This would be the answer I recommend except for the possibility that you were supposed to be invited and your friend thinks you were a no-show. Not that this is a huge deal, since there are people who legitimately can't attend this event or that, and if there was chaos then your friend might have no idea who RSVPd no, no-showed or got snubbed.

And, well, you just had a friendly lunch, so whatever either of you feels isn't dire.

The deciding factor is really whether you can shake this off and stay on the same terms with this friend as before. If no, then speak, and if yes, then let it go.




Dear Carolyn, My brother and sister-in-law had a stillborn baby boy on Wednesday. A lot of family and friends are asking me for details like the cause, the birth story, what they plan to do next. I am in a strange position of being close enough to them to know all this stuff and people feel more comfortable asking me then them. The issue is my brother and sister-in-law are not clear about what is stuff I should pass on and what is private. I've been defaulting to not telling people stuff or giving information, but excuses have started to wear thin. What can I say to well meaning people about this tragedy?

That's devastating. I am so sorry. 

Please just tell people, "I understand you want to make sense of this, we all do, but I'm not comfortable talking about it. I'm sorry."

Or the abridged version, "I'm not comfortable talking about it. I'm sorry." 

Followed by: "Thank you for your concern," or, "Thank you for keeping them in your thoughts. " And: They're/We're so grateful for the support."

All warmth, no information, no excuses. 

Take care.

I have high levels of anxiety, like to the point where I can't call for pizza delivery without a panic attack, but went on several online dates. I met several fantastic guys, including my husband. I met several I wouldn't want to date, but there were perfectly nice and normal. The two best pieces of advice I got was to meet at public for a short activity-- coffee or happy hour is perfect and make plans for 90 minutes after your date so you have an out. Then to prepare for the awkward get to know you phase by reading the Post, watching Sports Center or listening to 30 for 30, and skimming People Magazine. That way you have relatively save, well known topics of conversation to start with. Good luck!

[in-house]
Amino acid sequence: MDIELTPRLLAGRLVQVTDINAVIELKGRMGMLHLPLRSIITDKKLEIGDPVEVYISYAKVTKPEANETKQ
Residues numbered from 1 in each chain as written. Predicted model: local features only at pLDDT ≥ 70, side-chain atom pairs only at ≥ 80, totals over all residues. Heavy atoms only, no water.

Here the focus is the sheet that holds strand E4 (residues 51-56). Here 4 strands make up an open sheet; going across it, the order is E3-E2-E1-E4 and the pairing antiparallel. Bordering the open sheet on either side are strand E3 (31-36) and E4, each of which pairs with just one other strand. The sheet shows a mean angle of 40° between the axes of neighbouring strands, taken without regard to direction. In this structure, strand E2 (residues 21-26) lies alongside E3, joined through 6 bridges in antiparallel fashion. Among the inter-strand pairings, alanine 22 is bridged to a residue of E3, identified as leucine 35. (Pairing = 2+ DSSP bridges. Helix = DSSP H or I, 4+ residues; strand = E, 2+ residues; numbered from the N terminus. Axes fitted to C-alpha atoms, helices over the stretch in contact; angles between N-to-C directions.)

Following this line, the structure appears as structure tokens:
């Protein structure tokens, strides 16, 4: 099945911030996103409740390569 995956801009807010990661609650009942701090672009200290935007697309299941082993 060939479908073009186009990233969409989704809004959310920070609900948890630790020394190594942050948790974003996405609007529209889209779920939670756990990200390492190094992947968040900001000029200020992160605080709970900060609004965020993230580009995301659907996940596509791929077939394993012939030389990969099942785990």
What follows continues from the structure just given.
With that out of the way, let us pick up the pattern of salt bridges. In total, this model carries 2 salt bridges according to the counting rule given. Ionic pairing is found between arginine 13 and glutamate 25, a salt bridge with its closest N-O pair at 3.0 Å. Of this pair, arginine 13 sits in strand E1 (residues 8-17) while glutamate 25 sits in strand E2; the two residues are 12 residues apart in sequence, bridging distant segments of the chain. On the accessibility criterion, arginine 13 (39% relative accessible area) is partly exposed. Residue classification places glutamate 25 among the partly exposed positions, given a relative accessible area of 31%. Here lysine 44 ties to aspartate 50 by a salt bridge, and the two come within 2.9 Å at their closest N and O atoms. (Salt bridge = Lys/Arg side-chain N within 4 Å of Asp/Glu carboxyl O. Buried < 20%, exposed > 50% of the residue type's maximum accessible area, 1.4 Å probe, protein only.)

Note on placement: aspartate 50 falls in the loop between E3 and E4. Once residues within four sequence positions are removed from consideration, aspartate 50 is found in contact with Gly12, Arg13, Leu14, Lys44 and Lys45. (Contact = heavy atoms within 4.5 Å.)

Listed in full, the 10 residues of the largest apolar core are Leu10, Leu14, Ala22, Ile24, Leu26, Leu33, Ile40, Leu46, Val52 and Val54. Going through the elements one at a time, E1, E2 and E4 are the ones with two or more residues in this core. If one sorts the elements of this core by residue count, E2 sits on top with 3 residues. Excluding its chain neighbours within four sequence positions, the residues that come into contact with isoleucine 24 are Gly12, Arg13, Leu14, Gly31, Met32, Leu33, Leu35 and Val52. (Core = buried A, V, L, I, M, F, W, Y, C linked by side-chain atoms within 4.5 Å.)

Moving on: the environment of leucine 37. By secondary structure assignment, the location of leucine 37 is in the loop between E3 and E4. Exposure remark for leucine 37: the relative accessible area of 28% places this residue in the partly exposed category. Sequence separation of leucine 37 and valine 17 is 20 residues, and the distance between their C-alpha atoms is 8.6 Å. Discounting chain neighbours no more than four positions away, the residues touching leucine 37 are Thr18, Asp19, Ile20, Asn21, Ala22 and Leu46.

Carolyn, do you have any good less than an hour alternatives to coffee or drink, when you don't drink coffee or alcohol? I've stumbled over that a lot.

Other things that coffee shops and bars serve that aren't coffee or alcohol. Teas, smoothies, hot chocolate, virgin cocktails, sodas. You suggest the place based on knowledge of the menu, even if you just look ahead online. It's not an obstacle, really, so much as a conversation starter.

I must say, I was pretty surprised just now to see you tell the anxious dater that you can't NOT date. Of course you can opt out. But you have to be prepared for the consequences. A partner is not going to drop into your lap. Odds are, you'll stay single. You'll be shouldering the responsibility for your life without a designated backup readily at hand. You'll make friends (or not) and you will have your family of origin (or not), but you don't have to date. You don't have to have a partner. Life without a partner has its challenges, but you will be able to chart your own course, make decisions based solely on your wants and needs, and live very nicely. Of course, there is the garbage to take out, but everything has its down-side.

I got lost in the negatives. Did I advise OP to date or not date, and which one was wrong?